Like with tickets for humans, bike tickets come in a few different options:
Single bike ticket: €2.10: Like with your normal single ticket, this allows you one journey in one direction with changes for up to 2 hours.
Short bike ticket: €1.40: Like with the normal short tickets, this allows you one journey of 3 stations on the SBahn or Ubahn with or without changes, or up to 6 stations on trams and buses but changes are not permitted.
24 hour bike ticket: €5.00: Like with the normal 24 hour tickets, this is valid for 24 hours from the moment you validate the ticket and works for as many journeys as you want within that period.
Validating your transport ticket
I’ve mentioned validating your ticket a few times. But what exactly does that mean?
Berlin’s public transport runs on the honor system, which means it’s up to you to make sure you have a ticket before entering a train. There’s no machine where you have to swipe or insert your ticket to gain access to the train.
But you have to validate your ticket, which then shows the time and location where you started your journey. This is important if you get checked by a ticket checker since they’ll want to make sure you have a valid ticket and that you haven’t gone over the time limit or station limit on short tickets.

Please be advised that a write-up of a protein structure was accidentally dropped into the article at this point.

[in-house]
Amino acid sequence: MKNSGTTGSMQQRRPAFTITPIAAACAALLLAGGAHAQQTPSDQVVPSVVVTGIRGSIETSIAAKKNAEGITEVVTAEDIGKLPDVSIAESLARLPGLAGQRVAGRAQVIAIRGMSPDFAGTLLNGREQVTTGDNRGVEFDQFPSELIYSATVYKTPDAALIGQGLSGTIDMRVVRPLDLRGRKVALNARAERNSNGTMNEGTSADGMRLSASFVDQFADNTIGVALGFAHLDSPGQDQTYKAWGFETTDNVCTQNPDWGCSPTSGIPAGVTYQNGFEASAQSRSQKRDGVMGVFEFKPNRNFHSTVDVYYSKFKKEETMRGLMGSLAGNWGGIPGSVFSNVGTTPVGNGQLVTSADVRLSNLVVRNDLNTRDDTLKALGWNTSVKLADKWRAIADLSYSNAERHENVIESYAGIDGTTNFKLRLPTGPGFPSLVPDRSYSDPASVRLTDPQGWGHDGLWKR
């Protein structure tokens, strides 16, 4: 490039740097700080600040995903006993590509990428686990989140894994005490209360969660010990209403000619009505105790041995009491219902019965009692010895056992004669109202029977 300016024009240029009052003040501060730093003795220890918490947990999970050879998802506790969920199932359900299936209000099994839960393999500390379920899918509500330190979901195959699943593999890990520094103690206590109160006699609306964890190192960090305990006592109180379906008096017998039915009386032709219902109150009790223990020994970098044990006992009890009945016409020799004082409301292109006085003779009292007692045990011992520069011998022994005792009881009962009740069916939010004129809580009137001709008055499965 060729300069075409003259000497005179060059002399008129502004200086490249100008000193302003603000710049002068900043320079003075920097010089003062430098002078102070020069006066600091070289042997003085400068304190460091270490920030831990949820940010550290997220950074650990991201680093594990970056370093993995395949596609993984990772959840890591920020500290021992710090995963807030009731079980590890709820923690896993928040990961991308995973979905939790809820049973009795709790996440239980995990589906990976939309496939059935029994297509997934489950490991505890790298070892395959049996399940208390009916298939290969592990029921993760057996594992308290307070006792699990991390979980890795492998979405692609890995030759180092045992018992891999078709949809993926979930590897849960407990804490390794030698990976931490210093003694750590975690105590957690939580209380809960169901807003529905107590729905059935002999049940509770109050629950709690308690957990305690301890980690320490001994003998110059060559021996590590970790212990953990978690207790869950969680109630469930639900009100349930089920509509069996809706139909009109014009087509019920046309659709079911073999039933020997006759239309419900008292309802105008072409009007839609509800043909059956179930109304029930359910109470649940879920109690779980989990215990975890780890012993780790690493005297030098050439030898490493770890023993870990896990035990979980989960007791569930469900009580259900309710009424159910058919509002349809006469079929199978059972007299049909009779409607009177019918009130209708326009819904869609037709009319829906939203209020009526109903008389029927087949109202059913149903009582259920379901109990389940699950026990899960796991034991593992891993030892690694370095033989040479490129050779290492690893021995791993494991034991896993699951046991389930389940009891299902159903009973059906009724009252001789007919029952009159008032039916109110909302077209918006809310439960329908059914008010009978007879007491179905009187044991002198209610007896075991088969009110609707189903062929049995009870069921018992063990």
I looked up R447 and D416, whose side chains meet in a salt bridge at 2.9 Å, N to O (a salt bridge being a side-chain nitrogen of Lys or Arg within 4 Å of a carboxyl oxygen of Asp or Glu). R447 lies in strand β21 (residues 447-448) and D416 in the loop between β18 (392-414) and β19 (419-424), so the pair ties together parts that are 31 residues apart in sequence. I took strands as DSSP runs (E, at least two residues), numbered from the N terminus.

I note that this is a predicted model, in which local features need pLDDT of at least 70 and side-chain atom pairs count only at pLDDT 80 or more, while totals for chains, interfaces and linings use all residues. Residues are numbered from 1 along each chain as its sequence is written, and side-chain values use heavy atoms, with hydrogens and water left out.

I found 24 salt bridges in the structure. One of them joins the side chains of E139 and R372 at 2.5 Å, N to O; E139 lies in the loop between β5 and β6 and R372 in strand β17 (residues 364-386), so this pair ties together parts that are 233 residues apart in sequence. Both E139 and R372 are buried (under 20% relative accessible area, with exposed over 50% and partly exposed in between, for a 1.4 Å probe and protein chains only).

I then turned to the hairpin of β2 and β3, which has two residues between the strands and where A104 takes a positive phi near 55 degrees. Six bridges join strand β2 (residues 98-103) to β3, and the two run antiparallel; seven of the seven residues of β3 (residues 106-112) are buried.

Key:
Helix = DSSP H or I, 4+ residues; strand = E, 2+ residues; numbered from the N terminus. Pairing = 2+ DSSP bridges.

If you’re using paper tickets (which you can purchase out of the machine) you have to insert the ticket into the little machine on the platform at Sbahn and Ubahn stations. Usually this machine is red. Your ticket will have arrows on it, that’s the end that goes into the machine. Only validate a ticket once, otherwise your ticket is void.
For buses and trams, the validating machine is on the bus or tram, so as soon as you get on the vehicle, look for the machine (there’s usually one at either end) and stamp your ticket.
If you’re buying tickets electronically on your app, the ticket is validated as soon as you click “purchase” in the app.
You might spend your whole time in Berlin without ever being checked. Or you could end up getting checked 3 times in a day, as has happened to me. Fines are €60.00, so it’s really not worth riding without a ticket. And no, playing dumb and claiming ignorance as a tourist will not work. The ticket checkers are independent contractors who work on commission, and they have no sympathy.
Safety on public transport
In general, it is safe to use the public transport system to get around in Berlin. But as with most places, there are some precautions you should take.
Be aware of your surroundings. Pickpockets do occur, and if you’re oblivious to what’s going on around you, you will be an easier target. This is especially important when the train is crowded.
Make sure money and other valuables are secure. A wad of cash sticking out of your pocket or an unzipped backpack makes you an easy target for theft.